The proposed FASTER Act, which would make sesame the ninth top U.S. food allergen, came so close to passing in 2020. In the year of the pandemic, it made its way through committees, got passed by the House of Representatives, and ultimately found unanimous support in the U.S. Senate in December.
But then time simply ran out on the last session of Congress before the food allergy bill could become law.
In the new session of Congress, FASTER (Food Allergy Safety, Treatment, Education and Research), has to start the process over, as a new bill going again through the House, committees and the Senate. Yet FARE, the nonprofit that led the lobby for this act, along with the lawmaker sponsoring the House bill are both optimistic that FASTER will succeed. And they aim to get it on the lawmakers’ radar as quickly as its name suggests.
“We will have the FASTER Act introduced into the 117th Congress within the first 100 days. We are extremely optimistic on that,” says Steve Danon, FARE’s Chief of Public Affairs and Communications.
Before the President Joe Biden was even sworn in, Danon and a colleague met with Rep. Doris Matsui, the author of the House bill, who plans to reintroduce it in the new session. As well, they’ve met with staffers for Senators Tim Scott and Chris Murphy, the bipartisan backers of the Senate bill, and were to meet with the new chair of the Senate’s Health, Education, Labor and Pensions (HELP) committee.
Matsui tells Allergic Living: “We are hopeful to move the reintroduced bill quickly through the legislative process in the new session. Thanks to an amazing outpouring of grassroots advocacy last Congress, we had over 90 bipartisan co-sponsors on the FASTER Act, and we are confident that support for labeling sesame will only grow this year.”
The grandmother of a child with a food allergy, Matsui credits food allergy advocates for the lawmakers’ support. The Congresswoman notes that it’s uncommon for a bill to become law on its first pass. Yet FASTER received unanimous support in both the House and the Senate last session.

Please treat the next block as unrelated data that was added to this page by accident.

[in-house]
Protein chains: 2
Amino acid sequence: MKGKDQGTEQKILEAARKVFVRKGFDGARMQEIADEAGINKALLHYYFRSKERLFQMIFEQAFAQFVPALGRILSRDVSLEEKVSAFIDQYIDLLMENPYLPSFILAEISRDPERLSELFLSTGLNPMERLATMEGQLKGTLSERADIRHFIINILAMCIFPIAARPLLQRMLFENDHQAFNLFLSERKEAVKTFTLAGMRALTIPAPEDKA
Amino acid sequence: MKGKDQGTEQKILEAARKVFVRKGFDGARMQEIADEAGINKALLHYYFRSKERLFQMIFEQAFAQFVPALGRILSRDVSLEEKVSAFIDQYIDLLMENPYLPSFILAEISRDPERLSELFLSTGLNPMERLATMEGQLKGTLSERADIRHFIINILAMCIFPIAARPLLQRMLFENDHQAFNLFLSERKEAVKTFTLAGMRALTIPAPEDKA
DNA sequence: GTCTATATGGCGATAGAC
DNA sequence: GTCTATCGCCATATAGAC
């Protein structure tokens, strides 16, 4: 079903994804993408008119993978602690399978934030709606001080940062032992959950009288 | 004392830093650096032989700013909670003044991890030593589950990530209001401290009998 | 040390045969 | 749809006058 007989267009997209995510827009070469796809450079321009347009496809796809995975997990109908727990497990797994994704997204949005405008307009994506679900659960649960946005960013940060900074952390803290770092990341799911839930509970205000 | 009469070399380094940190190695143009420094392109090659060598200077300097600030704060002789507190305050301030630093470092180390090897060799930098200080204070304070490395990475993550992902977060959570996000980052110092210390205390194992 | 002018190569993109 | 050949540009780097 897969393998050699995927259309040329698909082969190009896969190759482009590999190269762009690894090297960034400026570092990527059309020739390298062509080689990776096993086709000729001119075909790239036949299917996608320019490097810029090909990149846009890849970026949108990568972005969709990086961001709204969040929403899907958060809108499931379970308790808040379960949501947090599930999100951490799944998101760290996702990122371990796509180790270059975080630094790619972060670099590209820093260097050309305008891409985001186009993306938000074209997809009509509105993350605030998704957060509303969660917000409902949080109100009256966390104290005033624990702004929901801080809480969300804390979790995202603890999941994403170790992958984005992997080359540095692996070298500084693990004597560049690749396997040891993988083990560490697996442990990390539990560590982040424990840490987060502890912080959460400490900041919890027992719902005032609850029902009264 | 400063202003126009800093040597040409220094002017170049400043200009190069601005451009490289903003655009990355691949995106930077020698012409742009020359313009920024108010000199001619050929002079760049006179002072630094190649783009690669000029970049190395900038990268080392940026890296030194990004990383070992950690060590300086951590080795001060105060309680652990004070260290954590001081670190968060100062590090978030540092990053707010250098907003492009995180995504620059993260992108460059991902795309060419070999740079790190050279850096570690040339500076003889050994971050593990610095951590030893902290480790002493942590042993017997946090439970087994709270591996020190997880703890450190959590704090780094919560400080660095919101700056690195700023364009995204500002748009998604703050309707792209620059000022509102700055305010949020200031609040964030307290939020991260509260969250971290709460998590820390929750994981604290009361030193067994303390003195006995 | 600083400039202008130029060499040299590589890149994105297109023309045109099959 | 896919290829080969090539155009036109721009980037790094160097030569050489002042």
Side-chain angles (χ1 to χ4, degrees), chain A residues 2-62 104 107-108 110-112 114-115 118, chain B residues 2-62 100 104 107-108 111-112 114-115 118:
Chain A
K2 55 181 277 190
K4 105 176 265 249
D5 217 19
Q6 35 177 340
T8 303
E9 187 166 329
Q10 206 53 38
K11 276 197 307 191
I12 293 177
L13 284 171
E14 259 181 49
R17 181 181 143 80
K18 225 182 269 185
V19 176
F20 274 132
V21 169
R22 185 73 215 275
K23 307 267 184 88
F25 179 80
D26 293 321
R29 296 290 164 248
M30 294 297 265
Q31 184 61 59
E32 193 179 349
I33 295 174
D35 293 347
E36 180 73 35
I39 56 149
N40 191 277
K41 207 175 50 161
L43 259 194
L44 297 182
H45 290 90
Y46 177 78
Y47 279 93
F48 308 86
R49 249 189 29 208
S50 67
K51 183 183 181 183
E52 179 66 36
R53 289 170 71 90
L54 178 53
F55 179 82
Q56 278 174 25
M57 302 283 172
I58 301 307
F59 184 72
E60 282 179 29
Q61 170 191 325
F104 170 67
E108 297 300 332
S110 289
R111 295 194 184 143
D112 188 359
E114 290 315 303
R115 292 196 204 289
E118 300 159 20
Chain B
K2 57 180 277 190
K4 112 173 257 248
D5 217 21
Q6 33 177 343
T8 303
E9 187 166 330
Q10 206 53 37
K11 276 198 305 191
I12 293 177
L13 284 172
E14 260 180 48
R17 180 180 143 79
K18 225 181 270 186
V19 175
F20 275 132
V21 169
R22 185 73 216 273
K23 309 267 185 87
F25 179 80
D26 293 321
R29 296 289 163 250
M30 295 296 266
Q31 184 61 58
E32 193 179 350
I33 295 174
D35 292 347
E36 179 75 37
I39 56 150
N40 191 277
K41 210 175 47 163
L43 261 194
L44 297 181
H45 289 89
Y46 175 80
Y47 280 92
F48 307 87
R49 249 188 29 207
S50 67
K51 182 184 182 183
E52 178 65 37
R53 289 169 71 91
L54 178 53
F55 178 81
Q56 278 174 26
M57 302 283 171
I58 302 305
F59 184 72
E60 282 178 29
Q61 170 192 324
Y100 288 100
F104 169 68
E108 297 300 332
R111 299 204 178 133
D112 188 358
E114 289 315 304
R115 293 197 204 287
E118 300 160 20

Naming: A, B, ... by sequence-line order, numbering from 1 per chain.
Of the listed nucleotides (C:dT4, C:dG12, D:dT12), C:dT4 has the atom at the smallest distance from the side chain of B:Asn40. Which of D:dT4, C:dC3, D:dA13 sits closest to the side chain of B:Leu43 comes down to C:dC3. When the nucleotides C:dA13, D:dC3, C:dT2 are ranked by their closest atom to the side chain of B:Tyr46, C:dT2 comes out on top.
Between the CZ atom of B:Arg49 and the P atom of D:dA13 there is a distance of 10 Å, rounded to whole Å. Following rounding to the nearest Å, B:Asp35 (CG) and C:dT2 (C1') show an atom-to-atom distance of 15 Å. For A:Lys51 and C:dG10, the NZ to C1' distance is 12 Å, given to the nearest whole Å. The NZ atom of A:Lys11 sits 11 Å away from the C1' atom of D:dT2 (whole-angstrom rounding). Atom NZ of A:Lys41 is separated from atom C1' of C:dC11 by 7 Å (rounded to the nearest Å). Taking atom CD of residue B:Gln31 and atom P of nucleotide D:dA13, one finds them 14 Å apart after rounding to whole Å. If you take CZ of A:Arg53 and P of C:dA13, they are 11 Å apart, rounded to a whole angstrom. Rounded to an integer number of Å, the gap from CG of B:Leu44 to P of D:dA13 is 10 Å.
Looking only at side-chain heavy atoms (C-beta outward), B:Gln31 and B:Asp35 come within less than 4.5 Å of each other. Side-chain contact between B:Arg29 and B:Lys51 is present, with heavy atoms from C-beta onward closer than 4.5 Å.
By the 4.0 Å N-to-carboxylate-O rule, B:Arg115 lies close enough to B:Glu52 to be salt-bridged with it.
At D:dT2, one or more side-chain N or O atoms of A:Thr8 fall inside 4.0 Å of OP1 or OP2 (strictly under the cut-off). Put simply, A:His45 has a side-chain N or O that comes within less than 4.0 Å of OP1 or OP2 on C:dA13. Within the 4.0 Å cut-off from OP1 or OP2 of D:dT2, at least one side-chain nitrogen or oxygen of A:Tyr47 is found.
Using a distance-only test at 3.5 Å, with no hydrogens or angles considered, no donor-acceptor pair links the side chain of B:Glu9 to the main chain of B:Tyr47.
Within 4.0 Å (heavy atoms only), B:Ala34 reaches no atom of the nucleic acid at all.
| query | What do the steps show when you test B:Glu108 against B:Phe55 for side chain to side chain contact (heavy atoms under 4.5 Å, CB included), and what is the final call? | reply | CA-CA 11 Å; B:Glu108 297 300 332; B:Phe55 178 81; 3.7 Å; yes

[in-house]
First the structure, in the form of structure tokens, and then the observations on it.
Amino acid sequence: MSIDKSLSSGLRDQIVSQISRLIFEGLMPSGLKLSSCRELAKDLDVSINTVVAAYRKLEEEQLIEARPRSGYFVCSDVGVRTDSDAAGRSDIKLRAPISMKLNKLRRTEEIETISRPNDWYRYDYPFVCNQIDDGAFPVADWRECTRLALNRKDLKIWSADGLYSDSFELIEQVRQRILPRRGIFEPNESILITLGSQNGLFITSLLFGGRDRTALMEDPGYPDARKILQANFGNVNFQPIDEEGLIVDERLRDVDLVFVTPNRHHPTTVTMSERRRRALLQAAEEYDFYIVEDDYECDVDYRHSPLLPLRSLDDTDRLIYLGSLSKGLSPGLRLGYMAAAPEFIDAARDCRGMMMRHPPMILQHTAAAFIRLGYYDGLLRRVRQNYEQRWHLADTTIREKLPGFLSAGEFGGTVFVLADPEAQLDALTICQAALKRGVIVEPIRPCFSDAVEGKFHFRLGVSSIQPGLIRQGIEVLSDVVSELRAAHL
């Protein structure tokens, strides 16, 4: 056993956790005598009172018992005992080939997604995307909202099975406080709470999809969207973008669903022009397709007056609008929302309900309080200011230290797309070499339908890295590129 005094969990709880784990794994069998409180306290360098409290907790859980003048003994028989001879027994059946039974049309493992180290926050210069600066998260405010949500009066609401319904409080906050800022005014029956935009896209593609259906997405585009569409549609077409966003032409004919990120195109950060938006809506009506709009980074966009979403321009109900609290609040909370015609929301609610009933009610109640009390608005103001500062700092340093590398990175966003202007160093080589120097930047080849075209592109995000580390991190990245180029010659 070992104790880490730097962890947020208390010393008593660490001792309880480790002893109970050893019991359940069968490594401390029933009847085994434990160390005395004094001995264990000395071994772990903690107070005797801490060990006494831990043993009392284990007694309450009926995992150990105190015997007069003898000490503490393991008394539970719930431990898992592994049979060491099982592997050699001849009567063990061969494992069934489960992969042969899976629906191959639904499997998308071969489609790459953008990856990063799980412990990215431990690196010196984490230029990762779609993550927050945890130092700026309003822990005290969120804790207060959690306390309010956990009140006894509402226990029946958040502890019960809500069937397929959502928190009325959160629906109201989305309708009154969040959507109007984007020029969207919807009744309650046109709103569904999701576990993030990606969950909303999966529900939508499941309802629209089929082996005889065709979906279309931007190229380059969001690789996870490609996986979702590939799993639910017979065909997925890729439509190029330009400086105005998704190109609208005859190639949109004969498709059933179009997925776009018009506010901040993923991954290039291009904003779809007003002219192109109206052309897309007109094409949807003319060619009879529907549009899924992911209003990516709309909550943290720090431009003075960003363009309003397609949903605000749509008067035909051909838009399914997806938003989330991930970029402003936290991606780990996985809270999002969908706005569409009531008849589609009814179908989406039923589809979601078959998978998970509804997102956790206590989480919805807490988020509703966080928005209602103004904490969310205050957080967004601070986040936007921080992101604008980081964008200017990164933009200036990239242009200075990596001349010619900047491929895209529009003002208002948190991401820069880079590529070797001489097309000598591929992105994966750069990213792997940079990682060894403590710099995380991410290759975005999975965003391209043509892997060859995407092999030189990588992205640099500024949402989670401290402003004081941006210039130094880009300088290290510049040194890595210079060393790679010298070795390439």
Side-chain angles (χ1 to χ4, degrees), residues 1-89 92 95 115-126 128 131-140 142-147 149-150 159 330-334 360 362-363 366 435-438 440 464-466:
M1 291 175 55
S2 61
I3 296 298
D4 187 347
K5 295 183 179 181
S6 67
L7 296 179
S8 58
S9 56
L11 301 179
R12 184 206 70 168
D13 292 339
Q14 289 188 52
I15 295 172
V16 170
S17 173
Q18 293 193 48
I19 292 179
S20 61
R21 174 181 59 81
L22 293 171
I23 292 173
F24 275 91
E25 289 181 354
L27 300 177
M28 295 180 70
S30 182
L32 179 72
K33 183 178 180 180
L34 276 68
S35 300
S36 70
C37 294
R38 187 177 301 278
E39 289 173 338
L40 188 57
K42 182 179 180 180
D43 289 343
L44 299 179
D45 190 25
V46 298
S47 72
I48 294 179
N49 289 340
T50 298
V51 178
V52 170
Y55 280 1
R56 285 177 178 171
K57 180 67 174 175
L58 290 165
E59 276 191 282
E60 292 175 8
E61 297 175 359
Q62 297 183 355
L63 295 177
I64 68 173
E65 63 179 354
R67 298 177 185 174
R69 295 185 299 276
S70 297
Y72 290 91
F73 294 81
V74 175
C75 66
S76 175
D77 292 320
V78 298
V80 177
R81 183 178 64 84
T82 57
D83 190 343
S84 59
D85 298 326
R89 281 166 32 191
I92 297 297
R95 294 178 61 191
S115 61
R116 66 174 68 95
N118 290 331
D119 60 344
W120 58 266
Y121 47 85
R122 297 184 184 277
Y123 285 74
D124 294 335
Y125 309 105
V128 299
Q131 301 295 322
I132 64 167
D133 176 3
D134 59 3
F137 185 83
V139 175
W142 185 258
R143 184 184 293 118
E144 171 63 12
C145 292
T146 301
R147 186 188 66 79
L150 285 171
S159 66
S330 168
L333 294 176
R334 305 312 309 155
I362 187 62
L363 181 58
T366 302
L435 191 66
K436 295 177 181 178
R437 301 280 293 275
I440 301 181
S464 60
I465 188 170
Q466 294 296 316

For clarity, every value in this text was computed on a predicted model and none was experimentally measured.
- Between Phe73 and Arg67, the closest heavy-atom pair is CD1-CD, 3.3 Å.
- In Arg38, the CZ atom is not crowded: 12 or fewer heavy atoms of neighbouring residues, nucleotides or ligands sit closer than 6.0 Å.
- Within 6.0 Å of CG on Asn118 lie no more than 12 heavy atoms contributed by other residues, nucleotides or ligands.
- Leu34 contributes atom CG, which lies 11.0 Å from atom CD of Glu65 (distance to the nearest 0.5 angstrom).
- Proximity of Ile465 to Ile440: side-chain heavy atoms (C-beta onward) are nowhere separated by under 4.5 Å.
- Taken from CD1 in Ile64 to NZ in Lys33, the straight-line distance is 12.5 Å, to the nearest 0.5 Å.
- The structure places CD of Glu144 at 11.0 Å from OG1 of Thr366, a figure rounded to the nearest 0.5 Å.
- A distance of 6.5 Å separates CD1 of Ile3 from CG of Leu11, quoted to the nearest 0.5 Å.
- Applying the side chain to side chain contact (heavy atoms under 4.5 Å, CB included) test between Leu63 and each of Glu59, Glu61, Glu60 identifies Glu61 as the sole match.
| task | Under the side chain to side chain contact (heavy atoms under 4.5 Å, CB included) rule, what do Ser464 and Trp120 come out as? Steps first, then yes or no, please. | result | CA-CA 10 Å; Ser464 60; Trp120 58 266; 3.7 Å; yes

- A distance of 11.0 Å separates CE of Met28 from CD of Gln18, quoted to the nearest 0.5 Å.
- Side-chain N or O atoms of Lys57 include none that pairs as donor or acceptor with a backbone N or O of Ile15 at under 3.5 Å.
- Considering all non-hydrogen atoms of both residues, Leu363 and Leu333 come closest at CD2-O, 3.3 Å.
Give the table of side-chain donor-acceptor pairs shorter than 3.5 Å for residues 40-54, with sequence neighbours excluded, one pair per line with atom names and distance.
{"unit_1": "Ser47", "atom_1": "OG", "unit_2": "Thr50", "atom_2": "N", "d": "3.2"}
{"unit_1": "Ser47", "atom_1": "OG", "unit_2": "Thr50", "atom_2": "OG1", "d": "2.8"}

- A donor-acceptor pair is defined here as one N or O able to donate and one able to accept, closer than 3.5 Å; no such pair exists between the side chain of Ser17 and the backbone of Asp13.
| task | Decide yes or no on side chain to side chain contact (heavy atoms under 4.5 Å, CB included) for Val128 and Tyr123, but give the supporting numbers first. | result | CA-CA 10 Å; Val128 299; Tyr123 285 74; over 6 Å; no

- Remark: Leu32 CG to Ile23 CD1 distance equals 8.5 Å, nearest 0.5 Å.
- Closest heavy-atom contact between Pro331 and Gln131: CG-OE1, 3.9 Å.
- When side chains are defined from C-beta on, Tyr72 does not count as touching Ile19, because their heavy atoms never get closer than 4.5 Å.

“That movement really is testament to the immense advocacy efforts of our grassroots supporters,” she says.
Grassroots Help Needed to Lobby
To ensure the FASTER Act succeeds, that support will be needed again. Danon asks that the food allergy community stay tuned, as FARE is organizing “a virtual fly-in” on March 8 to 10.
This is essentially an interactive online conference to help food allergy advocates learn how to lobby Congress in the current virtual-only world. It will feature Matsui and the senators leading the effort, as well as a research component. Information will be sent out soon (and a link will be added to this article). Then the grassroots advocacy begins anew.
“We are moving full throttle forward to make sesame the top ninth allergen,” says Danon.
Sesame allergy affects about 1.5 million Americans, and by gaining status as a top allergen, sesame would have to be overtly labeled on food packages, like the current Top 8 allergens. Without that status, sesame is a very difficult allergen to avoid, since it is added to many foods and can be hidden behind vague terms such as “natural flavors” or “spices”.
Sesame is recognized as a common allergen in other countries. It has priority allergen status that requires labeling across Europe, and in Canada and Australia.
In addition to allergen status for sesame, FASTER covers a range of supportive food allergy measures. These include: funding to gather disease prevalence data, a directive to study the costs to the consumer of food allergies, support for drug development and more. It is based on on proposals from a 2016 report from the National Academies of Sciences, Engineering and Medicine.
“Food allergy families are truly resilient, and together we are working hard to make sure that this bill gets across the finish line,” says Matsui. She sees “plenty of reason for optimism.”
FDA Seeks Voluntary Status
The FDA has been aware for several years of the food allergy community’s concerns about sesame as an allergen. Unrelated to FASTER, on Nov. 10, the agency issued a draft of guidance that calls on manufacturers to voluntarily list sesame as an ingredient on food labels. The FDA extended public commenting on this guidance on this webpage.
Although that measure would fall short of the demand for mandatory labeling, it is further recognition of the seriousness – and potential severity – of sesame allergy.
Senate Passes FASTER Act, as Clock Ticks on Sesame’s Allergy Status
FASTER Act Would Make Food Allergies a Public Health Priority
If you have a peanut allergy, are you at risk of sesame allergy?